offenders," and "criminals," wholesalely in war or in
retail "by legal process." But what is an "aggression"
or "offence," and what is "innocence" or "defence,"
and how and by whom are they to be differentiated ?

In the eyes of the average Englishman, the American
colonists were decidedly hardened offenders when they
seditiously refused to pay lawful taxes regularly imposed
on them by parliament, while the colonists vowed that
England was the aggressor and offender in attempting
such taxation. To the mediaeval Catholic governments
the "heretic" was a capital offender, and even the in-



fallible Catholic Church with its immutable notions of
the moral law condoned that conception. Autocratic
governments consider every active republican a "capital
offender," and in return every republic considers it a
crime to strive for the establishment of a monarchy.
To the anarchist every capitalist is an offender ; to the
typical capitalist every "agitator" and labour leader is
a criminal.

All these different and opposite elements would cheer-
fully subscribe to Dr. Ryan's doctrine. What a picture
of "eternal, invariable, and immutable ethics" !

But even less convincing than my opponent's moral
justification of some wars and of all "legal executions"
is his touching picture of the nation going to war in a
sad and sombre mood arising from the consciousness of
its own guilt, and of the capitalist realizing the unright-
eousness of his course. In actual experience such con-
scious and shame-faced offenders are rare. As a rule
the belligerent nations are equally emphatic in their
moral indignation against each other and equally loud
in the patriotic protestations of their own offended inno-
cence, while the churches of both countries send conflict-
ing and bewildering prayers to the Almighty for the
victory of their respective just causes.

As to the typical capitalists, they are usually in full
accord with the position of that candid and pious Ameri-
can representative of their class who recently consoled
his countrymen with the assurance that the Lord has
ceded the treasures of the earth to certain "Christian
gentlemen," who knew how to operate and capitalize

Dr. Ryan comes very much nearer the truth when he


asserts that the offending nations and classes often fail
to realize their wrongdoings. But perhaps this state-
ment seems so convincing to me only because I have
been contending for it all through this debate.

Dr. Ryan's final argument in support of his theory of
immutability of the moral law, is that without such a
standard moral progress would be impossible or, at any
rate, unmeasurable. "How can we know," he queries,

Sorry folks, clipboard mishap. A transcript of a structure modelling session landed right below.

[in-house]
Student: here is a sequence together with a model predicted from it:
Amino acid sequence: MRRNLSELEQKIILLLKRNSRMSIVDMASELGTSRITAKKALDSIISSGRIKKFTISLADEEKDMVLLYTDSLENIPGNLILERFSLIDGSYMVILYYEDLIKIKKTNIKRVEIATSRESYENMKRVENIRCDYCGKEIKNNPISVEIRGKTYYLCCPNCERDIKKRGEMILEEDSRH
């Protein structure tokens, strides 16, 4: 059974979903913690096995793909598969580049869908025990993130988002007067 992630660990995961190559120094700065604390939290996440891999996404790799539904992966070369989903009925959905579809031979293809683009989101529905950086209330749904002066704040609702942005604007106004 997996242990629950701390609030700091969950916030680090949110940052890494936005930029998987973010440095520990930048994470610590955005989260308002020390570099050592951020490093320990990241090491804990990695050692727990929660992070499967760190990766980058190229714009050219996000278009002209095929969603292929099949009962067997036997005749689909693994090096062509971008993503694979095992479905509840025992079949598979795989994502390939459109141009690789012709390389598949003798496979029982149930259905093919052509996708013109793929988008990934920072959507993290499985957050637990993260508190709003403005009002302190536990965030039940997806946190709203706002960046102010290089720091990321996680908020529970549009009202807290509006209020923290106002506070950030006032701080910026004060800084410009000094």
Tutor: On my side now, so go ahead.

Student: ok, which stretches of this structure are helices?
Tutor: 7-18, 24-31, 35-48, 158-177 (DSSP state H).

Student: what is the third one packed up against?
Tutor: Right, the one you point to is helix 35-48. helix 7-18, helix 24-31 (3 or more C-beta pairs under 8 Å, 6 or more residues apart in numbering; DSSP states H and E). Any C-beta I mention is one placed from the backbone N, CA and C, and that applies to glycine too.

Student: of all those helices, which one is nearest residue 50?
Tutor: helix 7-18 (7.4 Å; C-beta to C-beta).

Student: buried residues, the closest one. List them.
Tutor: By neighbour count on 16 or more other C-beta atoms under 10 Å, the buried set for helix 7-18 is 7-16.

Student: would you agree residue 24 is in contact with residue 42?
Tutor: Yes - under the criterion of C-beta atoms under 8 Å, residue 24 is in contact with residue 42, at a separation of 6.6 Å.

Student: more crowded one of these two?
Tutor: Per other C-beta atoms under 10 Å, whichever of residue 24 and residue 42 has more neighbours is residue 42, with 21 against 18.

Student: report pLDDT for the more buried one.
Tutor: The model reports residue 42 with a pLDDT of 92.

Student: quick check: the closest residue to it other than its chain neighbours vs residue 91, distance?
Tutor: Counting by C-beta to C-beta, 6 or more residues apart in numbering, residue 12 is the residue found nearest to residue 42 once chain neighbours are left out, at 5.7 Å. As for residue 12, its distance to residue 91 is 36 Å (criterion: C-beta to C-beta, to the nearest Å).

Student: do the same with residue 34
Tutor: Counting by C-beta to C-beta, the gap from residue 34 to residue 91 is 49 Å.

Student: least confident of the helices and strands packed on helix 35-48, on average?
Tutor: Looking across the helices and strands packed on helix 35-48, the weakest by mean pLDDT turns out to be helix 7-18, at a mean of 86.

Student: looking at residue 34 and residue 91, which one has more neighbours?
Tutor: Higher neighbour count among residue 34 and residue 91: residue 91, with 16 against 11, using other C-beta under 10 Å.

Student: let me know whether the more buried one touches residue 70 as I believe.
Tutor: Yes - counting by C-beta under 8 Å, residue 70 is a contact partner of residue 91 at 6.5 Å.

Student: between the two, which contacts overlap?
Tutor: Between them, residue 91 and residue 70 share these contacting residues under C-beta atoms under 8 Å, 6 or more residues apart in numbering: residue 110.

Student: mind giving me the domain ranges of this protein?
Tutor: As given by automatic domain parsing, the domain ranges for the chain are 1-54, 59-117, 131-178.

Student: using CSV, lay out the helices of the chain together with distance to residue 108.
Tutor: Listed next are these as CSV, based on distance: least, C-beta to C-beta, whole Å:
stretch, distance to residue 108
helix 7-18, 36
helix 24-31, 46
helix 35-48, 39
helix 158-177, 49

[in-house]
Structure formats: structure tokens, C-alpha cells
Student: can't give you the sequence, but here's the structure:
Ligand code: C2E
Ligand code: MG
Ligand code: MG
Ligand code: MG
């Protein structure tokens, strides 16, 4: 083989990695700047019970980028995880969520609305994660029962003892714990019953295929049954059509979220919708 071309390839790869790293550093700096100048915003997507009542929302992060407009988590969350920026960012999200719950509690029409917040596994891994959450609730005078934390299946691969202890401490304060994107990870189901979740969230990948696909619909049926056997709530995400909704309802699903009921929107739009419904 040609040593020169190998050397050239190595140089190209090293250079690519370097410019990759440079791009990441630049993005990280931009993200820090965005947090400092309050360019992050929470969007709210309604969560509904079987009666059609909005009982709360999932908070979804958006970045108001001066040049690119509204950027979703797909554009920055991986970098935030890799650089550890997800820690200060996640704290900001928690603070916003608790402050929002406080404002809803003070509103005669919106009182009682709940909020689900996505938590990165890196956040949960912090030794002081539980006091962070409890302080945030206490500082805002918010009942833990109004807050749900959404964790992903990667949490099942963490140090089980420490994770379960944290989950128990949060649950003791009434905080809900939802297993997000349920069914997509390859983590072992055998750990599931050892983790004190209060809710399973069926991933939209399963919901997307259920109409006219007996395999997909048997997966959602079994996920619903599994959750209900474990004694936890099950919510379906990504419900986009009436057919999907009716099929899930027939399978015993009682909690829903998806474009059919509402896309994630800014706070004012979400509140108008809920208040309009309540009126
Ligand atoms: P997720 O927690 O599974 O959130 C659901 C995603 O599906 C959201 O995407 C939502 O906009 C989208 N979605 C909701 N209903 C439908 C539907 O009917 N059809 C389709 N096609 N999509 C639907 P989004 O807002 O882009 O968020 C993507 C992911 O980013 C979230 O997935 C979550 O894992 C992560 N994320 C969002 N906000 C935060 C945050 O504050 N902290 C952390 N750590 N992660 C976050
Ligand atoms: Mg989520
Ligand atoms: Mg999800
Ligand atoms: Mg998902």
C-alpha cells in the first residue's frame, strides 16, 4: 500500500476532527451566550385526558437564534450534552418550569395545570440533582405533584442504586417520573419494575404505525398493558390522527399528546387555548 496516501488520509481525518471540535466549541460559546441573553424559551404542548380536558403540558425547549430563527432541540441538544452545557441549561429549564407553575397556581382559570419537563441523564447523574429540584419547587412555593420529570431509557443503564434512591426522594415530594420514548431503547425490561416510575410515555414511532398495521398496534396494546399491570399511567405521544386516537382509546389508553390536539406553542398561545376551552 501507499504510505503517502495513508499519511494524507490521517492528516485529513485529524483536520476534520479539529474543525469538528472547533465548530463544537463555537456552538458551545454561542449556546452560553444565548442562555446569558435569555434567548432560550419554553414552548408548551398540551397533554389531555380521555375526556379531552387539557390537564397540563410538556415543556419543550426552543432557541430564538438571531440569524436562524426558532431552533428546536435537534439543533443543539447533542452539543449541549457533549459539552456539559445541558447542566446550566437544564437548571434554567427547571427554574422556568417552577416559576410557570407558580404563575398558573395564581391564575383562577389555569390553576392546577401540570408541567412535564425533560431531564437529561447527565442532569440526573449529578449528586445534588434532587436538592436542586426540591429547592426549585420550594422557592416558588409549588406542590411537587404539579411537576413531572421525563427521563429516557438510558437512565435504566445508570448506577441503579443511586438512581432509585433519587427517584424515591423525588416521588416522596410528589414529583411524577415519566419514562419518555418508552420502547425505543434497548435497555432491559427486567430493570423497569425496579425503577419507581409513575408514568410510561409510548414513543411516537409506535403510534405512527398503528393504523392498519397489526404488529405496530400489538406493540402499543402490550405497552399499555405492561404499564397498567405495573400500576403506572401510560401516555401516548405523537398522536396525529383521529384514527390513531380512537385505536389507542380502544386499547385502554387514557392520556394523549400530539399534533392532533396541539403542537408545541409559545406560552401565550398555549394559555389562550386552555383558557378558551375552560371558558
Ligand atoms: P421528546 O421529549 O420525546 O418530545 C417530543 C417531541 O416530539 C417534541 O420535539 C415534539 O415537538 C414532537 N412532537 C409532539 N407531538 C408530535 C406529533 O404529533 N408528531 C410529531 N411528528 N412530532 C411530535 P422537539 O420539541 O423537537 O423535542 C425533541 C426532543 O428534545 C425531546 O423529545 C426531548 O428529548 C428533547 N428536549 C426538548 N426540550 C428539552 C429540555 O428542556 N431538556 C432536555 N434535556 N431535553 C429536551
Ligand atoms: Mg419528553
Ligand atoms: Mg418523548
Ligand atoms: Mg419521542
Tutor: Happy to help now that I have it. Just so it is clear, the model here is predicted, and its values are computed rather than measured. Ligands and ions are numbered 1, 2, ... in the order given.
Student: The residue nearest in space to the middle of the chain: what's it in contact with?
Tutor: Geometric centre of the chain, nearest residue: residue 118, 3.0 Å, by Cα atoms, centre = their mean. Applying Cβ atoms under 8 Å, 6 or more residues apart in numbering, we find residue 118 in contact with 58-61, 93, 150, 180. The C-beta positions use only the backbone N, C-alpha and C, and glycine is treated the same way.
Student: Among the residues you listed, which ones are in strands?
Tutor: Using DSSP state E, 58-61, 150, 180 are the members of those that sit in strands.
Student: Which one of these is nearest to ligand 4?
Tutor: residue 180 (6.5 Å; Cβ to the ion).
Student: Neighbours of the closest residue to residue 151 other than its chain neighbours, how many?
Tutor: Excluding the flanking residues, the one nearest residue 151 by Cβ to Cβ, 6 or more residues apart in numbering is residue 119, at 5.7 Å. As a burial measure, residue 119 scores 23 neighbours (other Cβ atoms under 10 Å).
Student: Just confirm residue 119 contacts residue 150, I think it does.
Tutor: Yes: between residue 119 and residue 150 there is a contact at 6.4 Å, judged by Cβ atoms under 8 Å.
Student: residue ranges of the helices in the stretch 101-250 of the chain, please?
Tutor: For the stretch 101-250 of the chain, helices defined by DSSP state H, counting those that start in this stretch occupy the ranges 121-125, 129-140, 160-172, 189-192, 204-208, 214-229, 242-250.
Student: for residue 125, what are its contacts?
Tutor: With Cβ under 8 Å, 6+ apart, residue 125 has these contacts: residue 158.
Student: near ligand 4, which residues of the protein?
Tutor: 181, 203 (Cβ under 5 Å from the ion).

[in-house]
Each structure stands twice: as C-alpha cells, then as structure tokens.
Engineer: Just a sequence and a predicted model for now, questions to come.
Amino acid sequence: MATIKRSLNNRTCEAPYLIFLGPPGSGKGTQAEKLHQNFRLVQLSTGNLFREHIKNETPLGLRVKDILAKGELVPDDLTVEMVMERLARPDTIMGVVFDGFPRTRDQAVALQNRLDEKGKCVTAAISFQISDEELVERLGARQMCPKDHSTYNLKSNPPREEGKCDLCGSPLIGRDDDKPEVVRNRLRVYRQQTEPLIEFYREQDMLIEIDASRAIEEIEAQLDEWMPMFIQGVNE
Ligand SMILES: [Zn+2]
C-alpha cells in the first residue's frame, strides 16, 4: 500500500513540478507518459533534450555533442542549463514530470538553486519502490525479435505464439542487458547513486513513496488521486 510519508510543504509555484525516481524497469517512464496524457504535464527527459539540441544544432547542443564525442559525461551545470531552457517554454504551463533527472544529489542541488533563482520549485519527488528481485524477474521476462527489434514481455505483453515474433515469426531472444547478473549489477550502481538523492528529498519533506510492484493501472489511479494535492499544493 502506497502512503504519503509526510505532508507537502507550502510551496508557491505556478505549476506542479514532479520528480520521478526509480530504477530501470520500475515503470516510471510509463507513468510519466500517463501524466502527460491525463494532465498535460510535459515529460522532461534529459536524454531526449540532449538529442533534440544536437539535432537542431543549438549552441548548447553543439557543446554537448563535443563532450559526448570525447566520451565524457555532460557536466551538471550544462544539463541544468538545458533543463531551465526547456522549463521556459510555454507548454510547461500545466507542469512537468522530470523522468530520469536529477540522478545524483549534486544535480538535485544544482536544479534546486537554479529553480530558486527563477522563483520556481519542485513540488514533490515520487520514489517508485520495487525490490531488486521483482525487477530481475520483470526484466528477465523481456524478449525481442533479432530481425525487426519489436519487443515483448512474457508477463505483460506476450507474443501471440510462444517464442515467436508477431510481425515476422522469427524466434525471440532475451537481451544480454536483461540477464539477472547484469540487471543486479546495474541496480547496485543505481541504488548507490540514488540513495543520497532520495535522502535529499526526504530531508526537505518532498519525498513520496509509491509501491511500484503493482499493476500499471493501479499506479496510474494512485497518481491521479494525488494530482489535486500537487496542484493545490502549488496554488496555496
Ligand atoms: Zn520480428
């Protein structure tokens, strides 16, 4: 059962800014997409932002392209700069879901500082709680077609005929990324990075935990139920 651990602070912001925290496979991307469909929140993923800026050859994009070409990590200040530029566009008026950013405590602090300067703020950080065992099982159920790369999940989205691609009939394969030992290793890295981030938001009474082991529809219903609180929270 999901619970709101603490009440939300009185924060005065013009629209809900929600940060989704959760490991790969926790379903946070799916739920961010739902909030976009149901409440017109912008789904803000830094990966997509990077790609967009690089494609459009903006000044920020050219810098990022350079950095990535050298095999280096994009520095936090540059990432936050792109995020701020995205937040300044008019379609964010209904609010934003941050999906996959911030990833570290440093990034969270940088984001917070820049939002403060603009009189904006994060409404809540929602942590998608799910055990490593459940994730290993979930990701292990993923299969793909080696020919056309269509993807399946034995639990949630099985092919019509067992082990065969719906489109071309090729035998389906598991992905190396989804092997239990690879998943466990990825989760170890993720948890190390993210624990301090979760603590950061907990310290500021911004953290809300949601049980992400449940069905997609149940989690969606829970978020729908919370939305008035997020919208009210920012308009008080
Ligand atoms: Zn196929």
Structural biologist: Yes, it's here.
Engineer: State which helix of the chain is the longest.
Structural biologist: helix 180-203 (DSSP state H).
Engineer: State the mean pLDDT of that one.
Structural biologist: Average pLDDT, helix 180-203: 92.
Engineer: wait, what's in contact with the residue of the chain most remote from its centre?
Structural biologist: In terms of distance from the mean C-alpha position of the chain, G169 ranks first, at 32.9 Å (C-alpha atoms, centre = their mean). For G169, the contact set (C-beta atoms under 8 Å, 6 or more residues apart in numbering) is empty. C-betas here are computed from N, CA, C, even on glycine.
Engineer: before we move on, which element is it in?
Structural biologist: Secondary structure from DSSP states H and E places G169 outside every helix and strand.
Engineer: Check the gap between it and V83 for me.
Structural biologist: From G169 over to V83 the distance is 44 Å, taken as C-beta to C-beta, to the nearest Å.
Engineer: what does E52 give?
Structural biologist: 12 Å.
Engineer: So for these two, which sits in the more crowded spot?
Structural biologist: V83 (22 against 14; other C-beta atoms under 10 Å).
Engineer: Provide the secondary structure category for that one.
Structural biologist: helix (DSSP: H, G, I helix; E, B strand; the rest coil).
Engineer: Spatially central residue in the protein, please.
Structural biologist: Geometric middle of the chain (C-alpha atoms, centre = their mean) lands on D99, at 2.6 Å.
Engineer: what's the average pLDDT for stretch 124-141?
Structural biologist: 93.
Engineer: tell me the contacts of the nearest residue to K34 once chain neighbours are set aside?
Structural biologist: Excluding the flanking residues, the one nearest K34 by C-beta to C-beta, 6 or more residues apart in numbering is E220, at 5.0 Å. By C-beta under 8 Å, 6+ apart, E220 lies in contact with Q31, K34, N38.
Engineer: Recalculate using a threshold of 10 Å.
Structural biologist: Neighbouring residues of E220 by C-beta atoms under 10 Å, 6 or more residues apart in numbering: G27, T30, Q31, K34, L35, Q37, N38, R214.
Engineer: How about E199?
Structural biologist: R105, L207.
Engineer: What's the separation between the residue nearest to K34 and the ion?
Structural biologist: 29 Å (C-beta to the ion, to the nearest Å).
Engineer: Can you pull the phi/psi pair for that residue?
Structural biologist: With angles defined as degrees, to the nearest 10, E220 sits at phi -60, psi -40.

"whether the changes in moral notions and actions to
which we give the name of progress are properly so
called, unless we have some permanently valid code of

My opponent here seems to confound two entirely
different ideas Final Ethics and the Ethical Ideal.
When he speaks of Final Ethics he has in mind a uniform
unchanged and unchangeable code of morals, which was
in existence at the first appearance of man and will re-
main in full force until the end of the world. An Ethical
Ideal on the other hand means nothing more than the
highest conception of morality to which the human mind
can attain at a given stage of social and intellectual de-
velopment. There is nothing permanent about it. On
the contrary, it is its elasticity that constitutes its
greatest worth. Such an ideal always represents a vast
advance over the cruder ideals of the less civilized past,
and it falls short of the higher ideals which a better future
will undoubtedly develop.

Another logical somersault my opponent performs in
drawing his deductions from my views on the compara-
tive importance of the various human capacities. Be-
cause I refuse to admit "the intrinsic superiority of the


rational over the sense faculties," he concludes that I
consider it "quite as laudable and reasonable" to in-
dulge "in those purely individual acts of dissipation and
sensuality which atrophy the intellect and brutalize
the will" as in "the lofty activity of the intellect."

In other words, he asserts that the person who holds
the physical and intellectual functions of man in equal
esteem must approve of the grossest abuses of the
former just as much as of the most proper and normal
uses of the latter.

In my main paper on this subject I stated that most
Socialists favour the dissolubility of the marriage tie at
the pleasure of the contracting parties. My opponent
construes this statement as an "admission" on my part
"that the monogamous family, understood as a permanent
union, would and should disappear under Socialism."
By a skilful blending of the terms "permanent union,"
"indissoluble marriage," and "monogamy" he contrives